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Procedia - Social andand Behavioral Sciences 33 (2012) 75 000000 79 Procedia - Social Behavioral Sciences 00 (2011)

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The use of Ericksonian hypnosis in somatic disorders


Irina Holdevicia*, Barbara Crciunb
b a Faculty of Psychology, Titu Maiorescu University, Calea VFreti nr.187, sector 4, Bucharest, 040051, Romania Faculty of Psychology and Educational Sciences, Bucharest University, os. Panduri nr. 90, sector 5, Bucharest,050656, Romania

Abstract Hypnotic techniques play an important role in treating psychosomatic disorders. The connection between psyche and soma represents the basis on which hypnosis works, stimulating the subject to find in his own subconscious the healing resources. The present study has as main objective to evaluate the efficiency of a psychotherapy program based on Ericksonian hypnosis techniques of reducing pain and symptoms in psychosomatic disorders. The main disorders that have been treated by hypnotic techniques are migraines, asthma and gastrointestinal disorders. The results have shown a significant decrease of pain level and symptom relief for these patients. Published by Elsevier B.V. Selection and/or peer-review under responsibility of PSIWORLD2011 2012 2011 Published by Elsevier Ltd. Selection and peer-review under responsibility of PSIWORLD 2011
Keywords: Ericksonian hypnosis techniques; psychosomatic disorders ; symptom removal.

1. Introduction Ericksonian hypnosis is a therapeutic method based on the idea that all people have their own resources and the abilities necessary for solving their problems. As a treatment in psychosomatic disorders, Ericksonian hypnosis addresses the patients wholeness, taking into account his personality, his past and present life in his environment. Psychosomatic disorders are characterised by the existence of emotional psychological factors that play an important role in the emergence of the symptoms. The hypnotherapist explores systems of beliefs and representations belonging to the patient, so that the patient himself can be able to resonate with them. Speaking the same language (using metaphors according to the representation system observed in the patients speech), the therapist uses the extraordinarily creative force of the patients subconscious to guide him to healing and functional balance. During the past years, several studies have presented the

Corresponding author. Tel.: +40722.451.103;. E-mail address: nicoletalixandru@yahoo.com.

1877-0428 2012 Published by Elsevier B.V. Selection and/or peer-review under responsibility of PSIWORLD2011 doi:10.1016/j.sbspro.2012.01.086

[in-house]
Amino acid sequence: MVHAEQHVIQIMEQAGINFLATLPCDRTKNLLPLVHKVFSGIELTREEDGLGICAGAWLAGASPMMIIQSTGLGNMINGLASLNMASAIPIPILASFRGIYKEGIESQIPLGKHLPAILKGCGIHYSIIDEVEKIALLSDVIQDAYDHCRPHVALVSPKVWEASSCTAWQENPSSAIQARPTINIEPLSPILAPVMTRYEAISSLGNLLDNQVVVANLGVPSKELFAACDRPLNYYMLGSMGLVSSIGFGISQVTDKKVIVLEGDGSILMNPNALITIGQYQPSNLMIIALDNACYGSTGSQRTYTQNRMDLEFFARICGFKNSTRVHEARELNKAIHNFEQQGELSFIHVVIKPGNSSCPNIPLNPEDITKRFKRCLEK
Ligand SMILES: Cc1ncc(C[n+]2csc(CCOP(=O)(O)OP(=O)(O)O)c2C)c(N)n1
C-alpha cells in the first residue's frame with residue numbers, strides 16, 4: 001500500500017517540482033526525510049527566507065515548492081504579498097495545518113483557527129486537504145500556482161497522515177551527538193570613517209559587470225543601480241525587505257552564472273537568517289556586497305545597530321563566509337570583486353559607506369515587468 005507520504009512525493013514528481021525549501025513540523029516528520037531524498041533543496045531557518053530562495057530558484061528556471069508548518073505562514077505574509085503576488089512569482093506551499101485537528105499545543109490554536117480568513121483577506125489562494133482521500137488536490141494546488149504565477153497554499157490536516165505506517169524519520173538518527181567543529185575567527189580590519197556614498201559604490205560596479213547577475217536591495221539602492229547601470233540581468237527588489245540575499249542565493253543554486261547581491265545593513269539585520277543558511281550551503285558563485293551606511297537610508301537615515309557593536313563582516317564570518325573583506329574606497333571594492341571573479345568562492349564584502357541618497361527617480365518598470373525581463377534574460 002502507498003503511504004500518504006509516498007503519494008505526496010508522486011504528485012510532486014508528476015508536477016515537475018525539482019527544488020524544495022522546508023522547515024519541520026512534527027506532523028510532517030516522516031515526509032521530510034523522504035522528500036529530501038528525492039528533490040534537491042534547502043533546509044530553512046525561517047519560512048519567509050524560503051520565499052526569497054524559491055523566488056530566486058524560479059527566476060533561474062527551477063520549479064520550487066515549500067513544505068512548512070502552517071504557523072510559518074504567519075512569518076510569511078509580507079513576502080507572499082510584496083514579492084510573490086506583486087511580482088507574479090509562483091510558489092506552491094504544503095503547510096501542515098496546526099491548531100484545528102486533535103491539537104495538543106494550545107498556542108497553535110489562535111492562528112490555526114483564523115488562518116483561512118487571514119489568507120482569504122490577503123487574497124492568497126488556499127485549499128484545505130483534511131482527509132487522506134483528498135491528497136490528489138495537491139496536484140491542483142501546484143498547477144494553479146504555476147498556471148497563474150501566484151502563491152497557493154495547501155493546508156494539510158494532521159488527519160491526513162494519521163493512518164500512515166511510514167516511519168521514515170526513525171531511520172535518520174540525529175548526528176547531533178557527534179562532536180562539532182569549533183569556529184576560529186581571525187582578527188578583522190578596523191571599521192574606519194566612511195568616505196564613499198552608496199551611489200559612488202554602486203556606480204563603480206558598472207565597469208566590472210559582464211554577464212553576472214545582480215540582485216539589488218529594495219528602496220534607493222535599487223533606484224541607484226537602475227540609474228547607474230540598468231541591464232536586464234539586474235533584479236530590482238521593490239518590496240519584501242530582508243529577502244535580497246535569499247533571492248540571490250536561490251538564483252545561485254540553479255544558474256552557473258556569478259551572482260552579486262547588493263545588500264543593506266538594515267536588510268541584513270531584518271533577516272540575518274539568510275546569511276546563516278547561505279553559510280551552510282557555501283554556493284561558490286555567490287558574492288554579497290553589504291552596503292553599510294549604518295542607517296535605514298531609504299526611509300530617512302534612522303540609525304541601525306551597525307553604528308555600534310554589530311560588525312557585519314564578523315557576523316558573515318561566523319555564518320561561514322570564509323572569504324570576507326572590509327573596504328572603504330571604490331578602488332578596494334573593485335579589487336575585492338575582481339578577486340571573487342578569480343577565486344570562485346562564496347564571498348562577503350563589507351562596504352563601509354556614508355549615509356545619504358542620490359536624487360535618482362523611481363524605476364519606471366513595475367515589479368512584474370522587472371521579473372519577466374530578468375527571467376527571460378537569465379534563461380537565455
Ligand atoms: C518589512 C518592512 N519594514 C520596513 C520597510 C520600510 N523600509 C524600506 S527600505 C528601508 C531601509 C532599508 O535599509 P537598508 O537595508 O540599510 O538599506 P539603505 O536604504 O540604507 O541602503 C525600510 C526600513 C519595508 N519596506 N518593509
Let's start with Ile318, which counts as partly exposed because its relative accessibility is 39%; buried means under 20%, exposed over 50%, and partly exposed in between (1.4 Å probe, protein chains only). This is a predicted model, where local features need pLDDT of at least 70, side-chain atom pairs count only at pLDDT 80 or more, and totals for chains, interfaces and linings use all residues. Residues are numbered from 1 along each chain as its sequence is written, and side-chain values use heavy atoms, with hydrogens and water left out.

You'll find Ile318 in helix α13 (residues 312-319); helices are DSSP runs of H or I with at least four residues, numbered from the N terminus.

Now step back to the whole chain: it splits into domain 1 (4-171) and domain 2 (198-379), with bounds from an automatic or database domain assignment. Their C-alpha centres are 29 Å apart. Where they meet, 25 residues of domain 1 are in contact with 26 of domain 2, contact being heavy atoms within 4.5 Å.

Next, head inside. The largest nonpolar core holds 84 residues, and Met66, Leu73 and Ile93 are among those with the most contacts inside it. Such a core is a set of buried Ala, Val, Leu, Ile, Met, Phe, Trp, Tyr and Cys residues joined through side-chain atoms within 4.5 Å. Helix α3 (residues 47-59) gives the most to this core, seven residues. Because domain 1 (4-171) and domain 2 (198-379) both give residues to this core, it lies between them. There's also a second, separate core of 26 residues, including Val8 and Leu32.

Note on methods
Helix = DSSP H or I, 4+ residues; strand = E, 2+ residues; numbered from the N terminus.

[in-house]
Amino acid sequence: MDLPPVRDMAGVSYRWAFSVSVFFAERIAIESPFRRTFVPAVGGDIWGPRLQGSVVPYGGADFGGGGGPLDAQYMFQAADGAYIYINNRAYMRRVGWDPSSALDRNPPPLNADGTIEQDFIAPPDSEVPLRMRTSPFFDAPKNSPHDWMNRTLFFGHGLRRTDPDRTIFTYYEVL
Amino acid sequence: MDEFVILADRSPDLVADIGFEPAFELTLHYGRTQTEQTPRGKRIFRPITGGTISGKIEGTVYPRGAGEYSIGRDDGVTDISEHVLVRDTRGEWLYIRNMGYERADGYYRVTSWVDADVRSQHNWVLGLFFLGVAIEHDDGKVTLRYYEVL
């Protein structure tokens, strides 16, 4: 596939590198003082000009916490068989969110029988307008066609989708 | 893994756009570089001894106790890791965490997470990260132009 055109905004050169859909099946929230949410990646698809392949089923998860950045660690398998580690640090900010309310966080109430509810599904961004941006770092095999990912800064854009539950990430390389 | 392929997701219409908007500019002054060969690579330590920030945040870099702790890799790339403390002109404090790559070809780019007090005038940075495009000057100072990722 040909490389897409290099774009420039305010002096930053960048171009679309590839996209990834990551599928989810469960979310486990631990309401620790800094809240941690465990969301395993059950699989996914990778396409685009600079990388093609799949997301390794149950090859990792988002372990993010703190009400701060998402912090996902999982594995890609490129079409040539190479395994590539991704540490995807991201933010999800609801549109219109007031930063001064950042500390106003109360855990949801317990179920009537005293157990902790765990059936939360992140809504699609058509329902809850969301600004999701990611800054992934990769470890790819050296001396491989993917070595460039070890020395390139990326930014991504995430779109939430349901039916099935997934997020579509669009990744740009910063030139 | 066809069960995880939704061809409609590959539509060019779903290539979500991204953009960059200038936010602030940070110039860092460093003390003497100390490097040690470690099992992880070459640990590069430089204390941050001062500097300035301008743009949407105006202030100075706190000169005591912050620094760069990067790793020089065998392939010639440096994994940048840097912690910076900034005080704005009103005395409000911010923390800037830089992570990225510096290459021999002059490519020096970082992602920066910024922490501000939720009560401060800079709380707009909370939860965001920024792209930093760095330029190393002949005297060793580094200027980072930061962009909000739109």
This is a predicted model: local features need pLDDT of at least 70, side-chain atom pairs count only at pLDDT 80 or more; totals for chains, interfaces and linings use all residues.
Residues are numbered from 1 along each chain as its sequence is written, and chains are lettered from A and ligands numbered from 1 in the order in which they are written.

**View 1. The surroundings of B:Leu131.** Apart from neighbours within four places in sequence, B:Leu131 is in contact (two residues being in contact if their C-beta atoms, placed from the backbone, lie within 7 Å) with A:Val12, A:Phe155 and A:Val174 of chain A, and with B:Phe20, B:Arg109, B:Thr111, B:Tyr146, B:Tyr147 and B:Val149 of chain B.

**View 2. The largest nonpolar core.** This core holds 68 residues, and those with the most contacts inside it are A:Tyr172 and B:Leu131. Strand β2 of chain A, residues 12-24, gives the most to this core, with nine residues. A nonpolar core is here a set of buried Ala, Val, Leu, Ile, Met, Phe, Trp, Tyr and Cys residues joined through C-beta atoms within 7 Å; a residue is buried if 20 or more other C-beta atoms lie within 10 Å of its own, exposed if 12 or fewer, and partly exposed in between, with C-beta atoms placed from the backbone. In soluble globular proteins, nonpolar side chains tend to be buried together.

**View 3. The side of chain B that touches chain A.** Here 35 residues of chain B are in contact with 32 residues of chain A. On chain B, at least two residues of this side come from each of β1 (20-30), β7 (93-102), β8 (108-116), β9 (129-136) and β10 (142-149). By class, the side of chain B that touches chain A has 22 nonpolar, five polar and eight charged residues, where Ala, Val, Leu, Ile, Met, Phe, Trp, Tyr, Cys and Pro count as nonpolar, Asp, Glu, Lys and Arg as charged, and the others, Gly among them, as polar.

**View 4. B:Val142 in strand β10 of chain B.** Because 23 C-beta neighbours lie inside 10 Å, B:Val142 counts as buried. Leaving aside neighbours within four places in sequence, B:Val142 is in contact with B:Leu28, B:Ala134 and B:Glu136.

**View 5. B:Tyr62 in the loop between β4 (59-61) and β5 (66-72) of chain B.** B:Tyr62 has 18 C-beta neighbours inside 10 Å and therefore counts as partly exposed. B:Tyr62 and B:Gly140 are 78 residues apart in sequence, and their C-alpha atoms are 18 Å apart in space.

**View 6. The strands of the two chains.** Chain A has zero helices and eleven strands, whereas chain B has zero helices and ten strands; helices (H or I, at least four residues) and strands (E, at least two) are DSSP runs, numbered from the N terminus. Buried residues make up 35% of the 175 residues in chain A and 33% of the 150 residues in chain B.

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efficiency of the results obtained by using ericksonian hypnosis as an auxiliary treatment of psychosomatic disorders. Among these, the migraine is the psychosomatic disorder which manifests itself by paroxysmal headache lasting from 4 to 72 hours, frequently one-sided at its debut, with a pulsing character of moderate or severe intensity, which often affects daily activity and gets more pronounced by effort. The symptoms of the migraine might vary from case to case, mostly being preceded by certain signs (aura: flashing lights, blind spots, slurred speech, or numbness on one side of the body). Migraine episodes might repeat themselves even under proper medical treatment, which is why in the medical literature it is indicated the use of alternative techniques, such as relaxation and hypnotic methods (Heap, 1988). In migraines the role of hypnotherapeutic treatment is to reduce the number of migraine episodes and also to diminish them. Furthermore, hypnosis can help migraine sufferers to avoid triggers such as controlling stress. The efficiency of hypnotic techniques and guided imagery used in a group of 32 patients (Emmerson, Trexler, 1999) have shown that hypnotic techniques have contributed to reducing the duration of migraines, their frequency, severity and need of medication. The results have shown a halving of the medical treatment duration after applying hypnosis. The mean of the migraines frequency has been reduced from 22.88 to 16.8 in the post-treatment phase. Other studies conducted to evaluate the efficiency of using Ericksonian Hypnosis in treating migraines (Montgomery et al., 2000; Hammond, 2007) have concluded that hypnotherapy is an efficient treatment against this psychosomatic disorder. Asthma is the common chronic inflammatory disease of the airways characterized by variable and recurring symptoms, reversible airflow obstruction, and bronchospasm. Individuals suffering of asthma present an excessive sensibility to certain irritating substances and also to stress and frustrations produced by daily life events. Emotional factors are deeply involved in the appearance of this condition, the anxiety being not only a shuttering element, but also an aggravating factor in asthma attacks. Because psychological factors have such a great importance in the etiology of asthma attacks, the hypnotherapist must investigate a series of aspects connected to the life history of the patient, before building the psychotherapeutic process. We must emphasize that acute asthma crises require mandatory medical treatment. The prognosis of this affection and the efficiency of the therapy depend on the psychological source of the crisis. The more a crisis is favoured by psychological factors, the better the prognosis will be (Holdevici, 2010). In a prospective study (Ewer, Stewart, 1986) results have shown that, for 39 patients diagnosed with moderate insufficiency in bronchial asthma who benefited of the application of hypnosis techniques, an improvement of health has been recorded. Therefore the improvement of daily symptomatology has been recorded in 41% of these patients and the use of bronchodilators has decreased considerably (26.2.%) maintaining itself at a low level during the next 6-12 months. A report describing the hypnosis efficiency for the patients who benefited of this type of treatment at the Paediatric Pulmonary Center on a period of 30 months (Anbar, 2002) presented the fact that hypnotherapy was associated with improvement in 80% of patients with persistent asthma, chest pain/pressure, habit cough, hyperventilation etc. Gastrointestinal disorders, also known as disorders of digestive tract, are strongly connected to emotional states that characterise the patients past or present life. These disorders along with peptic and duodenal ulcers, chronic gastritis, and gastroesophageal reflux are influenced by a series of psychosocial factors (biopsychosocial model) and also by stress. The discovery of the Helicobacter pylori bacterium as an ethiopathogenetic agent in gastrointestinal disorders has led to a debate on the role of stress and biopsychosocial model in developing these disorders that dont have yet a clear solution. One study involving the participation of 32 volunteer patients who have been treated by hypnosis and guided imagery (Klein, Spiegel, 1989) has shown a decrease of the secretion of gastric acid (compared with their baseline values) and pain. In a study that involved 126 patients suffering of functional